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April 2017: North Kent Coast

Although within easy reach of those leaving London every weekend, the North Kent Coast is more likely to be bypassed by pleasure seekers racing to ...More
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Fife Reports

Anstruther, Fife

Review of Anstruther by liz swankie on March 7th, 2006
hi there i live in anstruther its a lovely place lots of nice frendly people nice pubs.

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Burntisland, Fife

Review of Burntisland by PETER MORRAN on May 31st, 2007
THE BURNTISLAND LINKS PARK Burntisland Link’s famous annual family Fair is one of Scotland’s largest summer traveling fairs, and are Scotland’s second oldest games dating back to 1652. The fairground is located on the links between May and August every year and it Attracting in excess of 275,000 people of the whole Fair duration,at Burntisland The White’s – Strand’s– Wilmot’s - Miller’s – Gamble’s - Paris - Knowle’s - Hickey’s - Hancock’s and Codona’s are well known in the town as they go to Burntisland for the full term locals and travellers call each others by their first names and I hope this stays alive. Generations of local people have been going to Burntisland annual family Fair to enjoy the fair that they remember from their child hood and now take their children and grandchildren to see. Generations of the same families of travelers have been providing the funfair entertainment in burntisland for Generations what is not just their business but also There way of life. peter morran

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Culross, Fife

Review of Culross by Barry Paterson on June 24th, 2006
Very nice. Quiet streets, cobbled lanes, ancients buildings. A lovely and quiet day out - history and tranquility in one wee village. Lovely walks, lovely houses, interested palace, abbey, study, townhouse etc.

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Elie, Fife

Review of Elie by Ron Smart on March 12th, 2011
My heart was left in Elie 52 years ago (1959)when my family dragged me off to Canada. Only stayed in a hotel once in Elie as my uncle was visiting from New Zealand at the time. It was on the road up to Kilconquhar, (Elm something if I recall). My grandparents (Bob and Winifred Hughes), Bob was the manager of the butcher shop (Robertson's?)on the way down to the Ship's Inn, used to live in the house at 5 Woodside Rd or Pl???. They rented the house out during some of the summer months and stayed in a wee place in The Vennel (adjacent tae the kirk). I remember this as I had to go out in the middle of the night to go to the loo. I have the fondest memories of Elie and "The Ferry", especially the beach at the bottom of the breakwater. As children we used to run to the top upon the sound of the ice-cream van for a 99er or a cone with raspberry sauce. On the weekends, Mr Haig (Ron Haig???) brought his ponies and donkeys to the beach for us children to ride. I have many pictures with Colleen (a donkey), Pinto and Grey Lady (ponies)and watched them age gracefully over the years as they gave much joy and happiness to the children on the beach. Many a day was spent on the golf course with my dad (Ian Smart of Dundee United) and my Uncle Joe (a PT teacher who emigrated to New Zealand). It was on the links in Elie and Monifieth where I honed my game of golf. Regrettably I didn't hone it as well as I should have for the skill has diminished somewhat over the years. There used to be a "wee" material/wool/sewing/toy shop across from the northside of the Village Green run by Jean Bett (my Auntie Jean) as I called her, and many dismal afternoons were passed away playing in the back of the shop with the toys. One of the saddest things they ever did was (with the advent of diesels) cancelling the old steam locomotives that hauled the Fife Coast Express from Dundee around the coast and past Elie to Leven or Kircaldy. Always new I was getting close to Elie as we passed the tower in St Monans. For those who have never been to the East Neuk, you have been missing one of the greatest beach secrets and holiday locations in the UK.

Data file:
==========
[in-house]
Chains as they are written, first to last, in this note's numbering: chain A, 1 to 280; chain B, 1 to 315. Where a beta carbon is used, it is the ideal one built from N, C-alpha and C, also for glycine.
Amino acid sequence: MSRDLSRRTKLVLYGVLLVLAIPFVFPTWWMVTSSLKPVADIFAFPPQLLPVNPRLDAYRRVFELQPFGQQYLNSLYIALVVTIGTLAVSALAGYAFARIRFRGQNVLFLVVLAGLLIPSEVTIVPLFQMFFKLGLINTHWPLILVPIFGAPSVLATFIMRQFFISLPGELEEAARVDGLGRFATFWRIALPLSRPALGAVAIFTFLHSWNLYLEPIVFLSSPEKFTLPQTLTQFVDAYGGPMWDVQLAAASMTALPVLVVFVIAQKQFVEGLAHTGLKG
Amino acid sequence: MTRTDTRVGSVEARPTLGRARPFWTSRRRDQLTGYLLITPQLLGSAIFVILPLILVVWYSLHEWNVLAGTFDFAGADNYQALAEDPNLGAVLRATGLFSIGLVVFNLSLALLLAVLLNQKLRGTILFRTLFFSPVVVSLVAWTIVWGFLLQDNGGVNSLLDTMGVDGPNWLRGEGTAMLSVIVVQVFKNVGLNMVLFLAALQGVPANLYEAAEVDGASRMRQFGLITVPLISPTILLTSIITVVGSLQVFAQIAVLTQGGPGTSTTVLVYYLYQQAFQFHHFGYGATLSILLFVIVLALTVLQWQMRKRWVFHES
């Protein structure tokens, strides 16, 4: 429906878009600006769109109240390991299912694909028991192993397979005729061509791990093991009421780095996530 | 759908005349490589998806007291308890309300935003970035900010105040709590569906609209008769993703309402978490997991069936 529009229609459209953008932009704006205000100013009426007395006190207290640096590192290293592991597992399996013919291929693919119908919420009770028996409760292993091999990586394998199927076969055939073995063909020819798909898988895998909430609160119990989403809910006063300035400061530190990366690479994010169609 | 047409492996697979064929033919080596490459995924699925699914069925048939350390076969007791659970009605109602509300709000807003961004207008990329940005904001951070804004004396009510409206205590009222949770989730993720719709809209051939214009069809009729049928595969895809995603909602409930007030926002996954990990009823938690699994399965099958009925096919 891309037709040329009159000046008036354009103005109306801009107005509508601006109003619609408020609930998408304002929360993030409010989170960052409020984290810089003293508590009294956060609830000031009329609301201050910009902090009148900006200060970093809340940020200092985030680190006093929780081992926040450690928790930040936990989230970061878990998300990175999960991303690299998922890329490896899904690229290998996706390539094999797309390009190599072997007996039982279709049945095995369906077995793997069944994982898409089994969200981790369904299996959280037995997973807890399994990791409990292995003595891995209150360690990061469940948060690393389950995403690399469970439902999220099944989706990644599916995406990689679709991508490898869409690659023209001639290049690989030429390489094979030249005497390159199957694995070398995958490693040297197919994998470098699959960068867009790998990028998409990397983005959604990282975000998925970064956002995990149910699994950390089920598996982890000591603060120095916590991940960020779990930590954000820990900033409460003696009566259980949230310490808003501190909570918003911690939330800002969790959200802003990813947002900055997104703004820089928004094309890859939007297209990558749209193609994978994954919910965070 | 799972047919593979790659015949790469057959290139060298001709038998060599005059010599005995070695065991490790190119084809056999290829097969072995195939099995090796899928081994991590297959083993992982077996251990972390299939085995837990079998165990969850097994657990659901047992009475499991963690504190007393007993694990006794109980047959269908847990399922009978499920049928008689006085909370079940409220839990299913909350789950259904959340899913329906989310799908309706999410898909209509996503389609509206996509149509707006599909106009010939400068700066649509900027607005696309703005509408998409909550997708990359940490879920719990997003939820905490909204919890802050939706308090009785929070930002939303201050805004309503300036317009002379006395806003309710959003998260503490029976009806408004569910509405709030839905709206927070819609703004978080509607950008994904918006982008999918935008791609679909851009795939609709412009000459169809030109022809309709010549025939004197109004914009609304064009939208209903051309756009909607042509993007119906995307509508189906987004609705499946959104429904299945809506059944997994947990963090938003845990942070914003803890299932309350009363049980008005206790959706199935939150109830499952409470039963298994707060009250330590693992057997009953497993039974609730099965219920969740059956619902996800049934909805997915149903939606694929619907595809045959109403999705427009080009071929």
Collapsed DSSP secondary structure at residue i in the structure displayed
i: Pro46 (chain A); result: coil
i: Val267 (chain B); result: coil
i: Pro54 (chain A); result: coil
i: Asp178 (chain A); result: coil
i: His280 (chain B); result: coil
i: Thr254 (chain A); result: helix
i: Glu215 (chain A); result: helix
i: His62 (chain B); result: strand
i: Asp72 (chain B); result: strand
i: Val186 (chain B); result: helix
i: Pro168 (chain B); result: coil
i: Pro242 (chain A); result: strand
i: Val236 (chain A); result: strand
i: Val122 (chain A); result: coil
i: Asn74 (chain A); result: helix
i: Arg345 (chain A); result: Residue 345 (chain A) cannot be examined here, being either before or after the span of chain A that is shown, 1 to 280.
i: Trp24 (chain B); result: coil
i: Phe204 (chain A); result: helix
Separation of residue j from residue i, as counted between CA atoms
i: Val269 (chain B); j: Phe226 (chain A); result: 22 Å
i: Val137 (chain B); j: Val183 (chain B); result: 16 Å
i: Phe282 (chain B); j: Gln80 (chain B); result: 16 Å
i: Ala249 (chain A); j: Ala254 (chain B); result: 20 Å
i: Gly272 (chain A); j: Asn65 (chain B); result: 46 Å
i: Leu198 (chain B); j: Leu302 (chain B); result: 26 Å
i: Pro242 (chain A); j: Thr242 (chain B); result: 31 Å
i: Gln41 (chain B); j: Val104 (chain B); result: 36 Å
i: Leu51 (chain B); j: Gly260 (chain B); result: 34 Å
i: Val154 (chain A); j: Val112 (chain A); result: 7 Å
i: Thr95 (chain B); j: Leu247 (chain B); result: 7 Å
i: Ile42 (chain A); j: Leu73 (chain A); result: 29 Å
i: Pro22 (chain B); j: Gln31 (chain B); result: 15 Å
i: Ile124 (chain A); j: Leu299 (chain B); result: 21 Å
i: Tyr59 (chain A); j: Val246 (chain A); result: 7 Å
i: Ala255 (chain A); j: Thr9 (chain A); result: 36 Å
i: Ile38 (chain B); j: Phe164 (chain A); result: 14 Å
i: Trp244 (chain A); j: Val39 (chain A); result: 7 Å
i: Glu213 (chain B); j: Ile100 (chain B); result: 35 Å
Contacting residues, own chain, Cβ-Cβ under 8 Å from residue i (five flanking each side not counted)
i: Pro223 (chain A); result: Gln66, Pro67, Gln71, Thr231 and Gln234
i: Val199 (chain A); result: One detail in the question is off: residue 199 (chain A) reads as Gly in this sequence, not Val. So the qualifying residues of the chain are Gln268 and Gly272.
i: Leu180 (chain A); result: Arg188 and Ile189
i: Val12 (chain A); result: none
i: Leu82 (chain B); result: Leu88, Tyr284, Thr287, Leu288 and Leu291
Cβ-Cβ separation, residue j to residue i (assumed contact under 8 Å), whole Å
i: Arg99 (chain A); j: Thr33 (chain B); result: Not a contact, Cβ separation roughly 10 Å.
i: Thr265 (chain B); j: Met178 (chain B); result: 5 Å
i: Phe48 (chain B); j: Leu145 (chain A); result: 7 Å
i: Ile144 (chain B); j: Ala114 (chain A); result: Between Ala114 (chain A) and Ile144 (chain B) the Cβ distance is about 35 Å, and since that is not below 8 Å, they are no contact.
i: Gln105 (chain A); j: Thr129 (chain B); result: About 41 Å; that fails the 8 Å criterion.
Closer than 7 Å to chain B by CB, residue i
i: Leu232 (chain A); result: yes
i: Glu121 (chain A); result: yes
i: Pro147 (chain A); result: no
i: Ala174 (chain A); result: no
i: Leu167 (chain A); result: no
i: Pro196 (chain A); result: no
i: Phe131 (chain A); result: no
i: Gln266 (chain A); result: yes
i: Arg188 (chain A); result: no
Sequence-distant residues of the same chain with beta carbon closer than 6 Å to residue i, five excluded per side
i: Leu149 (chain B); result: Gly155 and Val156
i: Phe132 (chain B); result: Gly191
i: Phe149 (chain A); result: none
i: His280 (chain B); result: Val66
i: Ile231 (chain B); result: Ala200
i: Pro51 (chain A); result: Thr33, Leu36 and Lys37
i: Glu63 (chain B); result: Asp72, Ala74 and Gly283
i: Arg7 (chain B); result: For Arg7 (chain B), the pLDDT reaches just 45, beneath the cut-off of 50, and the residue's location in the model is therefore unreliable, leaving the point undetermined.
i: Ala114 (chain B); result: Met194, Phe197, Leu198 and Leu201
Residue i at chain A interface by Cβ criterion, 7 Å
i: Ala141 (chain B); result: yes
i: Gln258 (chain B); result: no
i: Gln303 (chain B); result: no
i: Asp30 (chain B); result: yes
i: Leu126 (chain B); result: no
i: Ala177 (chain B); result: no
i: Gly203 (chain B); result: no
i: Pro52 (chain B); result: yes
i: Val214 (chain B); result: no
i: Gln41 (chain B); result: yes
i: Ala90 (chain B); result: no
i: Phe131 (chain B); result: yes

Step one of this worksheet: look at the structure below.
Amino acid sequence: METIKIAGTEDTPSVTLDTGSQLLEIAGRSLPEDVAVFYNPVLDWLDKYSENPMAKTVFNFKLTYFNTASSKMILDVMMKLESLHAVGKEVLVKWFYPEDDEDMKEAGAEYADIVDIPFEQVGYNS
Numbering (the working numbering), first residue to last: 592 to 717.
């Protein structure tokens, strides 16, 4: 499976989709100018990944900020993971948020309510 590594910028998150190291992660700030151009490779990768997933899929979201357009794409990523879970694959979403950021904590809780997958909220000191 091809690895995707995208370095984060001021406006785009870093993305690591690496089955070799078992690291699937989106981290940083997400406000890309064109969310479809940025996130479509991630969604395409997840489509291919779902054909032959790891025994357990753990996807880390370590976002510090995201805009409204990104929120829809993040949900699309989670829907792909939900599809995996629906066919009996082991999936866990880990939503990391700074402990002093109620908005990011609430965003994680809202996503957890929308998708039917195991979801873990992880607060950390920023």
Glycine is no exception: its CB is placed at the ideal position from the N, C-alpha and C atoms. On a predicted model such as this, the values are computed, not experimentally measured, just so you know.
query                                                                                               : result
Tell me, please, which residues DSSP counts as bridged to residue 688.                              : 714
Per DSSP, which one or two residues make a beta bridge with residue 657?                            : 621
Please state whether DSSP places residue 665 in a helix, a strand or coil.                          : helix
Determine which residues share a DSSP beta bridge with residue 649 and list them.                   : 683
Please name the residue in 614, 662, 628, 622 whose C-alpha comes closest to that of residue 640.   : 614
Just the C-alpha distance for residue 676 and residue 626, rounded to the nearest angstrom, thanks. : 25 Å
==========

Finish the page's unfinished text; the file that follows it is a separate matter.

Brit Quote:
Tis better to have loved and lost than never to have loved at all - Alfred Lord Tennyson
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On this day:
Battle of Hedgeley Moor - 1464, Robinson Crusoe Published - 1719, Treaty of Amiens Signed - 1802, Crick and Watson discover DNA - 1953
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